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Rizzoli & Isles: Just Add Soap

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Written by : published Monday 23rd July 2012

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I've always considered Rizzoli & Isles to be different than most other police procedurals. While Jane Rizzoli (Angie Harmon) is your typical no-nonsense female detective, and medical examiner Maura Isles (Sasha Alexander) is somewhat stereotypically socially awkward and uncomfortable around the living, the series always emphasised the friendship between Jane and Maura as being key. The crimes themselves has sometimes taken a back seat as struggles in the title characters' personal lives has often taken center stage. I have always found this refreshing, but I can't help noticing that throughout season 3 (as of writing, only 7 out of 10 episodes have aired), Jane and Maura's respective family matters have been increasingly focalized. As a result, many of the storylines have taken on an unrealistic and almost soapish quality.

Although each episode of Rizzoli & Isles often deals with disturbing murders, the show generally takes a light-hearted approach. Jane's family has been omnipresent throughout the series, in fact the opening scene of the pilot was of a basketball game between her and her brother, Frankie (Jordan Bridges), who also works for Boston PD. Jane's mother, Angela (Lorraine Bracco), is often a nuisance to her daughter but it's clear that she always means well. The rest of the Rizzoli family do not get as much screentime - Jane's other brother Tommy (Colin Egglesfield) has been in and out of jail, and her father Frank (Chazz Palminteri) surprisingly left Angela at the start of season 2. Frank hasn't been heard from much since but this has changed during the course of the last few episodes. Frank reappeared during season 3 with a new girlfriend and came to file for divorce from Angela, much to her chagrin.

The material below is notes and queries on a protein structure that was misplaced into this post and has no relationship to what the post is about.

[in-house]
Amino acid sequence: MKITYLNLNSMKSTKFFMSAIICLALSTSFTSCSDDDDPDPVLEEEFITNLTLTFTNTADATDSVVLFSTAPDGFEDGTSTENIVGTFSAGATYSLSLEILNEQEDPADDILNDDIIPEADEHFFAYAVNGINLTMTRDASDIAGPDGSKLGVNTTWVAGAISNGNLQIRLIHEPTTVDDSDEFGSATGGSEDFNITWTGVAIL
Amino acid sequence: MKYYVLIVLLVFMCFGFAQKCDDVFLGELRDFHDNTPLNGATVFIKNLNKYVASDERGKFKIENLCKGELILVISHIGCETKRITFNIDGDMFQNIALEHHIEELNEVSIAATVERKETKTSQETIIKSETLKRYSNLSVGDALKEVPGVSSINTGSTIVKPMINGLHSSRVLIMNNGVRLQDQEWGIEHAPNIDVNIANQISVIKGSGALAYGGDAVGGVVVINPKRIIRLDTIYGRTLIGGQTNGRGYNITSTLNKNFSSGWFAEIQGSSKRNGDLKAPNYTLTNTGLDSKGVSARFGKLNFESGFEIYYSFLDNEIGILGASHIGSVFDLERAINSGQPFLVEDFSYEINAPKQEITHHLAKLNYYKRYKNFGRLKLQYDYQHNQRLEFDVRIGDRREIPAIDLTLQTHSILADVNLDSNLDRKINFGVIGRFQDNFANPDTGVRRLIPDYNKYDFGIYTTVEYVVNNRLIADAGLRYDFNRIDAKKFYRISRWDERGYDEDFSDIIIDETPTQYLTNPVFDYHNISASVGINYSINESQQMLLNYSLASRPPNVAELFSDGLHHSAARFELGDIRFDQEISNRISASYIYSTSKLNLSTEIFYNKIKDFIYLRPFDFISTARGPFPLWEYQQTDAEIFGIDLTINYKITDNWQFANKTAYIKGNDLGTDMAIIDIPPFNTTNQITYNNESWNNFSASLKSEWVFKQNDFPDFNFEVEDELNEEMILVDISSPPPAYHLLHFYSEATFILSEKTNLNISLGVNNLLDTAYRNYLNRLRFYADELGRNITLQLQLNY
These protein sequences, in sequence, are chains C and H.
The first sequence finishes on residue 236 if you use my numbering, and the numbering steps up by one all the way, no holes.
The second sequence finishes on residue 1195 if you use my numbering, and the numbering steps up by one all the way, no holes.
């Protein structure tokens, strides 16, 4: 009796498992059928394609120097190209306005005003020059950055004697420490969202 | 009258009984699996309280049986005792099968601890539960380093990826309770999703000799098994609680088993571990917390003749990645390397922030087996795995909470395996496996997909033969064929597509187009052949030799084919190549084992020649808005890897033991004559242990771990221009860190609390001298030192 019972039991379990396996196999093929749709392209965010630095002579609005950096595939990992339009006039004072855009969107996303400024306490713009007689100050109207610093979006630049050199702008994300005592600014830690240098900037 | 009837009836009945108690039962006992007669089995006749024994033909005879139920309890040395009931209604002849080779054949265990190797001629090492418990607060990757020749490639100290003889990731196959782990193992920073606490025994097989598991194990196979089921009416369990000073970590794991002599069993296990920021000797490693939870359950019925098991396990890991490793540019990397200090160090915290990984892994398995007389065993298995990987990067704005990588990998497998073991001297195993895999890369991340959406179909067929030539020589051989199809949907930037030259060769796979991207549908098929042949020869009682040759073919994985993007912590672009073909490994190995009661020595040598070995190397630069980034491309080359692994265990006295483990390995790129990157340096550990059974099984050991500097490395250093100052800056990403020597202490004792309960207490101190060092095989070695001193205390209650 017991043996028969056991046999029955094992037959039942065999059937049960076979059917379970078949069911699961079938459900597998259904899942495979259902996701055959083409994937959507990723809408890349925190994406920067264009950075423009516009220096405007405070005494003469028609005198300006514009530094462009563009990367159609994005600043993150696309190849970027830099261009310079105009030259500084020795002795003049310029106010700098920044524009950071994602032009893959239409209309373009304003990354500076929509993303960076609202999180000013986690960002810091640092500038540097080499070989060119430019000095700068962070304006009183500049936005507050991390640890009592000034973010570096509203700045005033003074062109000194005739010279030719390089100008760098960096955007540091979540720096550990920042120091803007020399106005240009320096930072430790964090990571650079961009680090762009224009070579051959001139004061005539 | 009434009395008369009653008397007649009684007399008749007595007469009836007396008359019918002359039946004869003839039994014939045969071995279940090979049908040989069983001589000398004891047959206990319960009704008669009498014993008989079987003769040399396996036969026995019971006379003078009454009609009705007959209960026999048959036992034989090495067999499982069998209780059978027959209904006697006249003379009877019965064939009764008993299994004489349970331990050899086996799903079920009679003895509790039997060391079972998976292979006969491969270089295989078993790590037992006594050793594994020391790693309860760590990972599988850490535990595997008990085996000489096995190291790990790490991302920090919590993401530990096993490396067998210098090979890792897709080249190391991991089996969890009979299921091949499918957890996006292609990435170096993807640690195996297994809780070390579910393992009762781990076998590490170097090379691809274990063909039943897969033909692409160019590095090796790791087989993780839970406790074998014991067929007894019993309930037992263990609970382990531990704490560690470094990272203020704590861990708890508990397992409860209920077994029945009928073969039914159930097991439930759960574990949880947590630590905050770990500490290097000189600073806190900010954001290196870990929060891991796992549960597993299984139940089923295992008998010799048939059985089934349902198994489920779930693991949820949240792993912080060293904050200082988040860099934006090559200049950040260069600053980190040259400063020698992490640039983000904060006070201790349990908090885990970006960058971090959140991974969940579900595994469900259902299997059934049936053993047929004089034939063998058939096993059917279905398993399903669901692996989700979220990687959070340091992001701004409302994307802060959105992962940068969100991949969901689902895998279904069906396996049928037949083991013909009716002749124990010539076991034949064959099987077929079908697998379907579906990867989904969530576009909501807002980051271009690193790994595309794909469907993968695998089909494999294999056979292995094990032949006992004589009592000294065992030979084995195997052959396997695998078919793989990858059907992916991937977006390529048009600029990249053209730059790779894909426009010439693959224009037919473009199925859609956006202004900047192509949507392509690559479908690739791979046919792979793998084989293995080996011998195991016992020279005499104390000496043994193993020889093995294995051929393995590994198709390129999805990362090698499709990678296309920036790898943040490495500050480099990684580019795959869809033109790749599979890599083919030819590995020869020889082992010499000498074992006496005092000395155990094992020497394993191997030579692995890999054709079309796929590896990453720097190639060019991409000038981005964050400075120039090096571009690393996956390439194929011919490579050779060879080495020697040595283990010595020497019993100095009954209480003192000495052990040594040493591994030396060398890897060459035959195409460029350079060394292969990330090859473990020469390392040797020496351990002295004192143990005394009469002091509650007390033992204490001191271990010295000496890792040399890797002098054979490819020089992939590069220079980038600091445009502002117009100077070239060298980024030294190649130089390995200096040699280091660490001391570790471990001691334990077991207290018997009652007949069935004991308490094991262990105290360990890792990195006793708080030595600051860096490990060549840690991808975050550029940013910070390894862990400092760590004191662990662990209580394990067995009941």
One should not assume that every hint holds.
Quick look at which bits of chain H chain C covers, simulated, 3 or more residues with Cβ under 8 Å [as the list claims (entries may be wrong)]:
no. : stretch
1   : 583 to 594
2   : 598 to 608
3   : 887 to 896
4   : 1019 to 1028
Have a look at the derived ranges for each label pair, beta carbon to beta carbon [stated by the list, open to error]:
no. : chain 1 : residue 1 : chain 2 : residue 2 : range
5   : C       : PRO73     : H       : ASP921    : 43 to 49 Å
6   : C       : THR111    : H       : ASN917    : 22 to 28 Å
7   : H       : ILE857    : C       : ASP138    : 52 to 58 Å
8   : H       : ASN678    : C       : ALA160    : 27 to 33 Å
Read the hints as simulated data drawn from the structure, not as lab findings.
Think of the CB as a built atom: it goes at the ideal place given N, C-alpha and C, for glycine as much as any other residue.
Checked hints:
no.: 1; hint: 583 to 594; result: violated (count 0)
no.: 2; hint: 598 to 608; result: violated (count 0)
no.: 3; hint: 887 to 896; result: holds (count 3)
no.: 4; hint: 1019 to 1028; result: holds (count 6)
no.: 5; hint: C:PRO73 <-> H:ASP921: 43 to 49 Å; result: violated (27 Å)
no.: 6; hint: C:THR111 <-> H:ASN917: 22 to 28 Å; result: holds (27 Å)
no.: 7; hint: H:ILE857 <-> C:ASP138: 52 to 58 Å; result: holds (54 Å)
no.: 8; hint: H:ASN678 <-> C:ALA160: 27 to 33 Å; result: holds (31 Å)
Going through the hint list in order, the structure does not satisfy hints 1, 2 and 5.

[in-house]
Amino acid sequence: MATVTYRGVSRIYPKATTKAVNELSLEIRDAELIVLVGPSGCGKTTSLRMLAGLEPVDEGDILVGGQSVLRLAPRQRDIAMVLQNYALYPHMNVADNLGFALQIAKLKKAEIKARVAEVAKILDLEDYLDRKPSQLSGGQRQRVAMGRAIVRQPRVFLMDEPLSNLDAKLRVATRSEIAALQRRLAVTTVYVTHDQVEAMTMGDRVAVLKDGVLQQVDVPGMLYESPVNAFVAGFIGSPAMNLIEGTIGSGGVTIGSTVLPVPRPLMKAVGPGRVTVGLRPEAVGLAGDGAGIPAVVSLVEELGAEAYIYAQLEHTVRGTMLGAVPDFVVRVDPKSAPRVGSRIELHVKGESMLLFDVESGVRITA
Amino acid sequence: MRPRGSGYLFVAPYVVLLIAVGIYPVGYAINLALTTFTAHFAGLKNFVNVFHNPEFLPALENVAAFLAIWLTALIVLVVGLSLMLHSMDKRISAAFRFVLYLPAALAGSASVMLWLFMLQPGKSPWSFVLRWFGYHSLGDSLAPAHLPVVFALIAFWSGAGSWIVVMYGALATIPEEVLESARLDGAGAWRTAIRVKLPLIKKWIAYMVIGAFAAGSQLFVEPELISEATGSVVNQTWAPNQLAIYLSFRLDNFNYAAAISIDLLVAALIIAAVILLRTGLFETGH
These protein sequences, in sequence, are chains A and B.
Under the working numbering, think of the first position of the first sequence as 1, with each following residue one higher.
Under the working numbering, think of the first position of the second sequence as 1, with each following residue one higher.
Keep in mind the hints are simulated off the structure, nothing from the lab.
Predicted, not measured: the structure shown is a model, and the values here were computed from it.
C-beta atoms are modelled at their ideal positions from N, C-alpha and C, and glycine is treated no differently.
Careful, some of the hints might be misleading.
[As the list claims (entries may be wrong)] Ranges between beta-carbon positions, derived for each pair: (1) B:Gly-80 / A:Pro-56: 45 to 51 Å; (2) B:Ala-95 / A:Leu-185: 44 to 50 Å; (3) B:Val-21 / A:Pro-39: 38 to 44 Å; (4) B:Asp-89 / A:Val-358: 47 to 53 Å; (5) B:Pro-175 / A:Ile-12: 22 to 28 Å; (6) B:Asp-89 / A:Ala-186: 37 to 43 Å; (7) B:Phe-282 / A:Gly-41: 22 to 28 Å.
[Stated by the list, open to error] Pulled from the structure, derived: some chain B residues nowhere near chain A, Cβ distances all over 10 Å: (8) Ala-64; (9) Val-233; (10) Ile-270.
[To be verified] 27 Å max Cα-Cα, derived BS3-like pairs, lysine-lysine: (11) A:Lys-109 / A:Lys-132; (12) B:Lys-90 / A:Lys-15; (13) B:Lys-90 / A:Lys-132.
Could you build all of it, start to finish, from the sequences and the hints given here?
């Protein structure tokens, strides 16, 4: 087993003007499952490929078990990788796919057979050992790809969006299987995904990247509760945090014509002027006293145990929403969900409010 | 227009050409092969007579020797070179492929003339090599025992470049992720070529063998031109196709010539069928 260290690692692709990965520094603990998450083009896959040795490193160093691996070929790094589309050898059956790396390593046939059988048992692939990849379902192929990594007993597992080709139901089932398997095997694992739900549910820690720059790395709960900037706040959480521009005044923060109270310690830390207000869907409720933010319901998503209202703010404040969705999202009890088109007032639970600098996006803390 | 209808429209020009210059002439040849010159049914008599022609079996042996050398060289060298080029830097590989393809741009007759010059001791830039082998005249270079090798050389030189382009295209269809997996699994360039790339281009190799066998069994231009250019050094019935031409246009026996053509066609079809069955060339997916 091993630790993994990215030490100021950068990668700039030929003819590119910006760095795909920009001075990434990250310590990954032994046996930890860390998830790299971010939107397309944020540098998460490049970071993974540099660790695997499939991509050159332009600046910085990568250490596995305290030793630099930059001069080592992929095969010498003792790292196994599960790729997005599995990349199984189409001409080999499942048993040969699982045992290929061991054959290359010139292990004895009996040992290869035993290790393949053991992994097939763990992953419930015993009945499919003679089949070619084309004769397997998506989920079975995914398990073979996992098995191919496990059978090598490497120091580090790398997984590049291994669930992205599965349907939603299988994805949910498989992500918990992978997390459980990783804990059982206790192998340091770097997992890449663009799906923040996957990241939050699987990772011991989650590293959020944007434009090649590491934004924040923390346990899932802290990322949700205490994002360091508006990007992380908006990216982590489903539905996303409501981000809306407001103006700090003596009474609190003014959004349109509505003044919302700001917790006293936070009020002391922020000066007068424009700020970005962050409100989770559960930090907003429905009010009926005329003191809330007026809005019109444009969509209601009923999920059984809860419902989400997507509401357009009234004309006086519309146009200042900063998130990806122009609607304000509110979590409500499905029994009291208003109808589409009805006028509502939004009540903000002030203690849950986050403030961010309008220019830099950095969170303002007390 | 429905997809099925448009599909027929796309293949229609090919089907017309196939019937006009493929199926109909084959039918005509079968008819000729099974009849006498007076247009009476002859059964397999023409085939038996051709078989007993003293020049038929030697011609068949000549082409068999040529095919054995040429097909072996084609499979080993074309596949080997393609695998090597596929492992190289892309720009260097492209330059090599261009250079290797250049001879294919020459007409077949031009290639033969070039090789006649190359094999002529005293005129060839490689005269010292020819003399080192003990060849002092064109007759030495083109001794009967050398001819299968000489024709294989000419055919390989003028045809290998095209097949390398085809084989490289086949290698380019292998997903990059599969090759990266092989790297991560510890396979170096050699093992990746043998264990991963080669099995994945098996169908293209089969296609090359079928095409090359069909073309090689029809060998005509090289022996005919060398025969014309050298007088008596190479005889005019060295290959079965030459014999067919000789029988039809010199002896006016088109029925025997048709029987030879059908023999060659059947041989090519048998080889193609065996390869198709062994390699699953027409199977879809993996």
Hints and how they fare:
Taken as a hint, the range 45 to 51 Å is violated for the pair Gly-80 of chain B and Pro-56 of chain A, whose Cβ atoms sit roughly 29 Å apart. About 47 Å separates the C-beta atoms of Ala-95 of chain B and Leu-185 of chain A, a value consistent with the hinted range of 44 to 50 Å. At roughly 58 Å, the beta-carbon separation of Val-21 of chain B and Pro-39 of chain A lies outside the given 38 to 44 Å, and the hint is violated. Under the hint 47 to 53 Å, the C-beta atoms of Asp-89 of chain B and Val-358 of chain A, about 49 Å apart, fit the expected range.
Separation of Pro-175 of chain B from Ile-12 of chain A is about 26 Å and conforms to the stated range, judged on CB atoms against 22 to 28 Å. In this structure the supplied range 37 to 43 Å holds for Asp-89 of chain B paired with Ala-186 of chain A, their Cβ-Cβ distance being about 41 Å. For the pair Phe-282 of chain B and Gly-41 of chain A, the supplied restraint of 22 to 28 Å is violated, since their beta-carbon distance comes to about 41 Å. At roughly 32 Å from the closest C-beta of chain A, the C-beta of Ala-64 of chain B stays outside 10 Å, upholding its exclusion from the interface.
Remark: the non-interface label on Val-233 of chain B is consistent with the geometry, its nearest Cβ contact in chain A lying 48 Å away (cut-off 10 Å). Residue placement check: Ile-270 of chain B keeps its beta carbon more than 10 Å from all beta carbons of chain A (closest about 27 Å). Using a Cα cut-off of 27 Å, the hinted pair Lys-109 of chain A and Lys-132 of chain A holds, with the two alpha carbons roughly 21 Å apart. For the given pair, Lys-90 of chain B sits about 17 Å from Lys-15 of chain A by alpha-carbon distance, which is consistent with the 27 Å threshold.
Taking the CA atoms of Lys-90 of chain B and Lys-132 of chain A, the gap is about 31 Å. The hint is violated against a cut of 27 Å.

Rizzoli & Isles

The soapy twist to the Rizzoli storyline came when Tommy revealed to Jane that he had a fling with Lydia, his dad's new girlfriend. It seemed that arc had been abandoned until episode 7, when Lydia crashed into Angela's new car. We immediately saw that Lydia was 7 months pregnant, and Angela, not knowing who this woman was, was determined to come to her aid. Frankie and Jane couldn't bring themselves to tell their mother who this woman was, especially since they didn't know if Angela would become this child's stepmother and aunt. I can only presume that this arc will be stretched out leading into the finale. I can't honestly say that I'm not interested in this storyline but I can't help feeling that this story arc seems out of character for this series. The show has always dealt with the ups and downs of Jane's family life, but a paternity mystery combined with a love triangle involving a father and son seems a little over the top for this show.

Maura Isles' family life has always been more complicated than that of Jane's. She was adopted at birth and has a frosty relationship with her adoptive mother. During season 2, Maura discovered that her birth father is Paddy Doyle, a leading figure in the Boston Mob and as she becomes a target for Paddy's enemies, she slowly begins to connect with him despite hating the kind of person he is. Her birth mother remained a mystery until this season, when Maura, keeping her real identity a secret, struck up a friendship with her. Again, this Your New Best Friend Is Really Your Biological Daughter storyline is reminiscent of something you’d find in a soap, not Rizzoli & Isles.Rizzoli & Isles

It’s fair to say that this trend started in the season 2 finale, when Maura was used as bait to catch a criminal. Not only was Jane and the rest of Boston PD waiting in the wings, but so was Paddy Doyle. When Paddy tried to protect his daughter the only way he knew how, with a gun, Jane was forced to shoot him before she herself was shot by him. While Paddy was not killed, season 3 started with the central friendship in ruins and it wasn’t until episode 3 that it was truly repaired.

Rizzoli & Isles is still a very enjoyable series. The crimes are still fresh and mysterious and the characters themselves are still likeable. I just hope that the writers don’t stray too far from a formula that works by continuing to introduce sensationalist storylines involving the protagonists private lives. 

About the author David


I'm a 21 year old English student from Ireland. To put it simply, I love TV, Some of my current favourites include Parks and Recreation, Community, Veep, Parenthood and Revenge. Follow me on Twitter @losingstreak12

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